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What is the largest overnight currency depreciation? How large, which currency and when?

When examining historical records of currency depreciation, it is helpful to have a better understanding of what is normal, so that one can understand the impact of an abnormally large depreciation.

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    I assume you are asking for some historical context regarding the recent depreciation of the rouble. I would suggest refining the question along the lines of 'how often has a currency depreciated ≥x% within 24 hours'? One other thing: devaluation is when a country deliberately lowers the value of its currency. When a currency just falls in value, it's called depreciation. The opposites are revaluation and appreciation. – Ne Mo Dec 18 '14 at 17:28
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    @JustinNorth: Mark C Wallace's edits were designed to make your question SE compliant. List questions are against site rules, which is why I rolled back your edits to restore Mark's. – two sheds Dec 19 '14 at 15:28
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    I'd still want to add a time-frame. Say nineteenth century to present. But the edit makes this far better. +1. – Rajib Dec 19 '14 at 17:12
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    @MarkC.Wallace - would you then say it is devaluation? Depreciation has taken place even in ancient history. We are perhaps not in a position to compare. – Rajib Dec 19 '14 at 20:03
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    I perceive a difference between devaluation ("today we are change the value of the dollar from $100/troy oz to $500/troy oz") and depreciation "The dollar fell against the Ruble today, from a level of 70 rubles/dollar to 30 rubles/dollar"). Bretton Woods is a special case. Devaluation is an outright financial manipulation by a clearly identfied actor. Depreciation can be the result of many interacting market forces. Personally I don't think it is possible for specie based currency to depreciate except as a result of devaluation. – Mark C. Wallace Dec 19 '14 at 20:09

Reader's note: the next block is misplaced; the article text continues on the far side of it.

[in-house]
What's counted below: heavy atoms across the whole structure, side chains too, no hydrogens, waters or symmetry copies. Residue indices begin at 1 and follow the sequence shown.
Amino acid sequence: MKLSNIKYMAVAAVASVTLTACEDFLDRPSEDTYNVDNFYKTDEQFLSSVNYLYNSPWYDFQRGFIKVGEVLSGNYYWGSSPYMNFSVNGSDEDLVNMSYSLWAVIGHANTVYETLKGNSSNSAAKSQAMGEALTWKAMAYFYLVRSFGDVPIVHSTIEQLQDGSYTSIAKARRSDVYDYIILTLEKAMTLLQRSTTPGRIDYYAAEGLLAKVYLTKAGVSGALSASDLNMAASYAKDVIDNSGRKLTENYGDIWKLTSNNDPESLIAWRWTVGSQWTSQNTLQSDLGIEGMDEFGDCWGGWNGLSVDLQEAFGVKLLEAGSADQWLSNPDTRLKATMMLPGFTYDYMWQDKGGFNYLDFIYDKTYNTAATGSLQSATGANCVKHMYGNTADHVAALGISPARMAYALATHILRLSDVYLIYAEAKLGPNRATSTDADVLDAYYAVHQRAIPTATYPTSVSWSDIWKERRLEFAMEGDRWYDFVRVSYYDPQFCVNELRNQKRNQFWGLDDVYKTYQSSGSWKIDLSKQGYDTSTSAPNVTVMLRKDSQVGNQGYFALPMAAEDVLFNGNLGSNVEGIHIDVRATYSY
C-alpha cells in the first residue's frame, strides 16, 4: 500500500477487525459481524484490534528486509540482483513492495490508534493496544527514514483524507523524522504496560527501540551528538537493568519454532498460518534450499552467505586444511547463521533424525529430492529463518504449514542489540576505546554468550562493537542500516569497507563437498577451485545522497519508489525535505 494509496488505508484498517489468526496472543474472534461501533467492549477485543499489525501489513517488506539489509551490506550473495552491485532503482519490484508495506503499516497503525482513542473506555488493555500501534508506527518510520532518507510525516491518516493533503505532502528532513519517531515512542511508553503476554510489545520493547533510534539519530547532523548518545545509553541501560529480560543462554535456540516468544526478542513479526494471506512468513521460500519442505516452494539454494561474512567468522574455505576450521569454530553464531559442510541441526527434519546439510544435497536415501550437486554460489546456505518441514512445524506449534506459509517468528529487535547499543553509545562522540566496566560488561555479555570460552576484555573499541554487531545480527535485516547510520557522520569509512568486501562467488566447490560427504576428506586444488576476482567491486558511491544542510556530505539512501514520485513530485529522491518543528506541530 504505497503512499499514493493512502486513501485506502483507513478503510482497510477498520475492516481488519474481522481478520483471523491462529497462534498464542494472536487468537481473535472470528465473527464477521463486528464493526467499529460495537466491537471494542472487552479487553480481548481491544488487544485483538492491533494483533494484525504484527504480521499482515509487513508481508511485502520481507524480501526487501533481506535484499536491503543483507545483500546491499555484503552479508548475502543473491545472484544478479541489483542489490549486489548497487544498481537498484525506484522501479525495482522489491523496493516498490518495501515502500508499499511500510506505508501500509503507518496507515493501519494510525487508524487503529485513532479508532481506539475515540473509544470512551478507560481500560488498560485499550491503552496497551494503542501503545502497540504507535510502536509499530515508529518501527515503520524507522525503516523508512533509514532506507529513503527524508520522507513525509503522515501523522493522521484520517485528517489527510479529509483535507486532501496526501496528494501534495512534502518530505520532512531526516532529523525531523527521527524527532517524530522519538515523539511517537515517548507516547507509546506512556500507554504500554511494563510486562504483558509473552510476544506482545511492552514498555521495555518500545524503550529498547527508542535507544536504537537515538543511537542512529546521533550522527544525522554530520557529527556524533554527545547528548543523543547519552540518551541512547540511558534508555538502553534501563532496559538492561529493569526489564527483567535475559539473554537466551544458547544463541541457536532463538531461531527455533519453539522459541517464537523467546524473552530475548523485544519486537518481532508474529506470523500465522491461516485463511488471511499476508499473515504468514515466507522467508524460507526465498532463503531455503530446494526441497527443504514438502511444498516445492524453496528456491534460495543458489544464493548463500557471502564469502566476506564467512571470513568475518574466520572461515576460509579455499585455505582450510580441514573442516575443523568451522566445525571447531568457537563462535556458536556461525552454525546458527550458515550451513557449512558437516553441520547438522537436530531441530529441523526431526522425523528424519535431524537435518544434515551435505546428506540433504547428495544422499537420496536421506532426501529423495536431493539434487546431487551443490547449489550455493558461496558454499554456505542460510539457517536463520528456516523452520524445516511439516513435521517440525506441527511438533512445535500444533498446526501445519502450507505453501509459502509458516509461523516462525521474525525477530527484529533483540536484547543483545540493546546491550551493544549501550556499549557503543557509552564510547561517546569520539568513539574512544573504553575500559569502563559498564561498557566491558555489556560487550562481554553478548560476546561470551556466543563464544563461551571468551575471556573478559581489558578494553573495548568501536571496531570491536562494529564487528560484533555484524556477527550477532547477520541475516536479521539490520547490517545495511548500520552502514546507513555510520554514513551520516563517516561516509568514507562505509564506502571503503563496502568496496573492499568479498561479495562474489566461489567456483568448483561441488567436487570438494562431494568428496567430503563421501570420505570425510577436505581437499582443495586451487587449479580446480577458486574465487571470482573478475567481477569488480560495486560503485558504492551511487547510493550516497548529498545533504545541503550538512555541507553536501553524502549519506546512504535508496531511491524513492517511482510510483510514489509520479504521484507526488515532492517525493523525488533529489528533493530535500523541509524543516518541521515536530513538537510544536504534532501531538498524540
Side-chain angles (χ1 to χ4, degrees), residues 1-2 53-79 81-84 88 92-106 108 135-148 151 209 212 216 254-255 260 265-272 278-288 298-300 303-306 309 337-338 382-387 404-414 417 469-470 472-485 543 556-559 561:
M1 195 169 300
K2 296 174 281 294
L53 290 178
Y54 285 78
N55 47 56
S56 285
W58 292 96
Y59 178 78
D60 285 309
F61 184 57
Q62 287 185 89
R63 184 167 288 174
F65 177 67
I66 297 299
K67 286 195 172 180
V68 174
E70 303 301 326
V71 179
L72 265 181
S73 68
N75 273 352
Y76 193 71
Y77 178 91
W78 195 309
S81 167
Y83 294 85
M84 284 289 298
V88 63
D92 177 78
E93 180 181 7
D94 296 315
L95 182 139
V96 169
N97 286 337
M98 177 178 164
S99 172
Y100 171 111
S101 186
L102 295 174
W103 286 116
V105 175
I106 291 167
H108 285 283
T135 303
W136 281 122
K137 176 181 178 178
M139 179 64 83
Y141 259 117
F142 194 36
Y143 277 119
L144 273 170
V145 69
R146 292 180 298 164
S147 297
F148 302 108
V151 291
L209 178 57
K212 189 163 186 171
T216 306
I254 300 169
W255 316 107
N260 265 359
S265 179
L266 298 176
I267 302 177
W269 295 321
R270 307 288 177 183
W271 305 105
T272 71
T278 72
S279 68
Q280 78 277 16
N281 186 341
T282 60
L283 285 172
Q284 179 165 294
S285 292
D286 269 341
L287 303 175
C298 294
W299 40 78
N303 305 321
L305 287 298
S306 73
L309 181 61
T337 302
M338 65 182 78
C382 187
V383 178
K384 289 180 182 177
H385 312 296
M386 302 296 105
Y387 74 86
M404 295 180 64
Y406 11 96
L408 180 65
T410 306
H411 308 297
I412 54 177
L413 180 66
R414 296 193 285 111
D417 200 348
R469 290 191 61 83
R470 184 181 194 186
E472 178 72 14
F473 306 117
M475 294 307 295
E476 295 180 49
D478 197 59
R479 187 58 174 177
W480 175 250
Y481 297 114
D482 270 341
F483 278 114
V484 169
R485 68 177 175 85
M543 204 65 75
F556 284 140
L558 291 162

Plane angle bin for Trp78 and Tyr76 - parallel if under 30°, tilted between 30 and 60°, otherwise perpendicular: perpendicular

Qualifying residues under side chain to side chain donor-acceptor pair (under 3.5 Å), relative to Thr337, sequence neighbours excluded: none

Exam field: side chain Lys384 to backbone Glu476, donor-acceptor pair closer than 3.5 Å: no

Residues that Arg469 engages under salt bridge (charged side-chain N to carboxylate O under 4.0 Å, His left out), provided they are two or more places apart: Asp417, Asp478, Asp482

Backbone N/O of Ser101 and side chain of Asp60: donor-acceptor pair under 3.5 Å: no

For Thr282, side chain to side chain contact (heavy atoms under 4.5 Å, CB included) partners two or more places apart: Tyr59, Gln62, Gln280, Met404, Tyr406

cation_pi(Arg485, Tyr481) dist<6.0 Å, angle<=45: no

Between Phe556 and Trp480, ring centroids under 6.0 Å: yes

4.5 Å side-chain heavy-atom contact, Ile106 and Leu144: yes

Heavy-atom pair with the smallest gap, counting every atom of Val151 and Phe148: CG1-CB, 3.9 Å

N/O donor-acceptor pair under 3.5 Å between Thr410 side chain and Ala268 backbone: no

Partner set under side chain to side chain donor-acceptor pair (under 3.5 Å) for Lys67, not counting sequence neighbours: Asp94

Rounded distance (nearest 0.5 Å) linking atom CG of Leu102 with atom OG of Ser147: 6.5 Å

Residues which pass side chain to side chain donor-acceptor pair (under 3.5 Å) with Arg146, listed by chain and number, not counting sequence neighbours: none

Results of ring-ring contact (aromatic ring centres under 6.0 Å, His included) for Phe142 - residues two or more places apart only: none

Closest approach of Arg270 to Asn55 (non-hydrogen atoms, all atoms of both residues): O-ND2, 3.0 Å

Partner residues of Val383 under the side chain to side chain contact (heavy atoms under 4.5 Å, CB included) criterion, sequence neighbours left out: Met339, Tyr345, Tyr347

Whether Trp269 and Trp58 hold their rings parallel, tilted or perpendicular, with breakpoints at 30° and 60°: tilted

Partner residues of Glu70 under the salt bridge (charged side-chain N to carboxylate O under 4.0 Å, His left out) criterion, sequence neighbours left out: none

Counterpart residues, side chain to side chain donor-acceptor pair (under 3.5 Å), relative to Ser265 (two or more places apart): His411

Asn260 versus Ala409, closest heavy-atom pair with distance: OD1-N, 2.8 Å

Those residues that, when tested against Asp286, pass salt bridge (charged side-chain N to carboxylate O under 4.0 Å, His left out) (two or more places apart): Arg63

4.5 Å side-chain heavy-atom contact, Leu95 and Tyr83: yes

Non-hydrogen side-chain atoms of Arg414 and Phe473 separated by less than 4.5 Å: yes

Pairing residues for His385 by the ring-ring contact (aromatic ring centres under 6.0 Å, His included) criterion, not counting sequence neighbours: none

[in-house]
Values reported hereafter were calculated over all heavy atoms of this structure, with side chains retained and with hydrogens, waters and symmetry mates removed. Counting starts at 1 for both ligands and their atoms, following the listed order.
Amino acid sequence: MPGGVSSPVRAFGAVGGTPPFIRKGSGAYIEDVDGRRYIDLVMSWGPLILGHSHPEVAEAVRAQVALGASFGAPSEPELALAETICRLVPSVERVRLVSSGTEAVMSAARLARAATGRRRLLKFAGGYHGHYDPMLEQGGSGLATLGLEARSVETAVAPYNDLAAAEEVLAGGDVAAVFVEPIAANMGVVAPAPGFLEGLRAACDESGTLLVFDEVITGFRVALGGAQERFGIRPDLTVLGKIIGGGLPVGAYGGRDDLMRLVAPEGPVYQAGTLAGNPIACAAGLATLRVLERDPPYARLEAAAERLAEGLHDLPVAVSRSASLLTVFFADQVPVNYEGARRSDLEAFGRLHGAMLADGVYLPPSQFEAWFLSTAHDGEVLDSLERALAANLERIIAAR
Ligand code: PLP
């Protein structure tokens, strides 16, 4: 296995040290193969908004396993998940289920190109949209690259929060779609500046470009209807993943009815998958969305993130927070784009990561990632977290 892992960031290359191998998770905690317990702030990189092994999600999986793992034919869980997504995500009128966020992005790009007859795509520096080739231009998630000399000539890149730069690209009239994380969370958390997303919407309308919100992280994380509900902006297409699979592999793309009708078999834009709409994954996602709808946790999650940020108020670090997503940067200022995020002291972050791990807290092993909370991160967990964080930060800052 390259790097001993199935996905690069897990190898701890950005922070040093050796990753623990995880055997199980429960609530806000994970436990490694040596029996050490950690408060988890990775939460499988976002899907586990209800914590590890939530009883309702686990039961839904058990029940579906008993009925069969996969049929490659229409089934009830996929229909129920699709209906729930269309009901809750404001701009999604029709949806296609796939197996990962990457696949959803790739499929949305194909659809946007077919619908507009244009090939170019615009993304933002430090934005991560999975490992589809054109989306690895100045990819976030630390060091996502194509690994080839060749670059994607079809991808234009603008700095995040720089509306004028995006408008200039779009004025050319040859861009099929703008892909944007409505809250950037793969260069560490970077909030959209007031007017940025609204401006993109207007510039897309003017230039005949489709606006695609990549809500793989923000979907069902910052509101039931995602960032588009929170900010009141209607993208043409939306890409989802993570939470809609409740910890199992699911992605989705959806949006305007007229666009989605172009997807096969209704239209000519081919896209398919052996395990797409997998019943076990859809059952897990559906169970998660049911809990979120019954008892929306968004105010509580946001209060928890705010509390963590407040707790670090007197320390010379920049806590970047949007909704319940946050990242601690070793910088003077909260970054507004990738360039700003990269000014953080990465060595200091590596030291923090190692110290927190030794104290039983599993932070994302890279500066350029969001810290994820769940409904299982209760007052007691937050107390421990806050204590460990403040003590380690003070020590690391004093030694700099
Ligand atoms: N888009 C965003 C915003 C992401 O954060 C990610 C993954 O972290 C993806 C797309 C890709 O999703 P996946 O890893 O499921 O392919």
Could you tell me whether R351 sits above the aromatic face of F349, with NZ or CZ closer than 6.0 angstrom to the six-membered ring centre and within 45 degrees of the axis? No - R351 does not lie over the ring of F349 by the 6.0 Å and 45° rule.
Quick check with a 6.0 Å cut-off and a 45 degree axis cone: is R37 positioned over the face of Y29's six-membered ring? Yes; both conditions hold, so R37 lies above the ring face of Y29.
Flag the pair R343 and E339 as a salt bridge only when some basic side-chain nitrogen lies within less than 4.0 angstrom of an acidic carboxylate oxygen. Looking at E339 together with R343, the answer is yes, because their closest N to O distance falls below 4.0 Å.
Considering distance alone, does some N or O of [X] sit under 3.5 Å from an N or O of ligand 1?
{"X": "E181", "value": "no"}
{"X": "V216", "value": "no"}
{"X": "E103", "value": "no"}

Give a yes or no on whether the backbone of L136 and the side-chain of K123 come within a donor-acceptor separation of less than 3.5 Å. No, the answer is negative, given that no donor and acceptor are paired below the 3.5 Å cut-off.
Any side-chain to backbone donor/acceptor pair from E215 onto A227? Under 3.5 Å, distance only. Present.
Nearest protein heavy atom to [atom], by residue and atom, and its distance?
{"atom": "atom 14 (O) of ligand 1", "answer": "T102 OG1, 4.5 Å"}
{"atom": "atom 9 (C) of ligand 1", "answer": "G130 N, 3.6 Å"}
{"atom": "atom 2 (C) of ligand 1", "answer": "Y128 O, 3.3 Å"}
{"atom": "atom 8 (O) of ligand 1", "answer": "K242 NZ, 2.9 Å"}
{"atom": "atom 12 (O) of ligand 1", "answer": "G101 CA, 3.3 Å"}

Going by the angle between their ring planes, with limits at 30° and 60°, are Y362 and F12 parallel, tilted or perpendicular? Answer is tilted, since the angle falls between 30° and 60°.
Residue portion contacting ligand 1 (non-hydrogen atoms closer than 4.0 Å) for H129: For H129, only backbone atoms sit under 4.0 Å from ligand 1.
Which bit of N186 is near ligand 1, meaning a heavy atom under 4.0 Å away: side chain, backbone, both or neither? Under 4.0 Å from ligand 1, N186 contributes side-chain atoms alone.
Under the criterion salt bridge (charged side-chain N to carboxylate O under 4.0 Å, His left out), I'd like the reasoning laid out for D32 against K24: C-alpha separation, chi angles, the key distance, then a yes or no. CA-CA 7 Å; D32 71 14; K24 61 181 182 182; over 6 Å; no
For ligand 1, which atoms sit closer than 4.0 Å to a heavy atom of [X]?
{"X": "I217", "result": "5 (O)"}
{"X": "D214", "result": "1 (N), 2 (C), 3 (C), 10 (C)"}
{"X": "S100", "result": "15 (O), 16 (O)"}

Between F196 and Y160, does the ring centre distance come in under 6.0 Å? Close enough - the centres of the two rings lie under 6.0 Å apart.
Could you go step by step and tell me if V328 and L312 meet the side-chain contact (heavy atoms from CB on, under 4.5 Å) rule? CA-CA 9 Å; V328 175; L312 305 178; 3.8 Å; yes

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An "overnight" change in the value of a currency is a devaluation, not a depreciation.

Probably the biggest overnight devaluation ever was the January 31, 1934, devaluation of the dollar from $20 per ounce to $35 per ounce, a 40% devaluation. The money supply was about $8 billion plus at least another $12 billion in gold-backed bonds. So, perhaps the total erasure was 40% of $20 billion or $8 billion dollars, worth 400 million ounces of gold (before the devaluation). As of right now 400 million ounces of gold would be worth $480 billion dollars (2014).

If the U.S. government was to pull a stunt like this today, it would result in a loss of about $12 trillion to people around the world.

Another biggie on this list is the Gorbachev erasure. In 1989, the Soviet Union under Gorbachev invalidated all 50 and 100 ruble notes. There is no telling how much cash the Soviet citizens had squirreled away, but it could easily have been 100 billion dollars.

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    Soviet Russia has seen much worse hyperinflation in 1919-1923, with something like 1,000,000 times overall devaluation of Soviet Ruble. Unfortunately I don't have the data at hand to tell what was the biggest overnight devaluation during that period. – Michael Dec 23 '14 at 21:56

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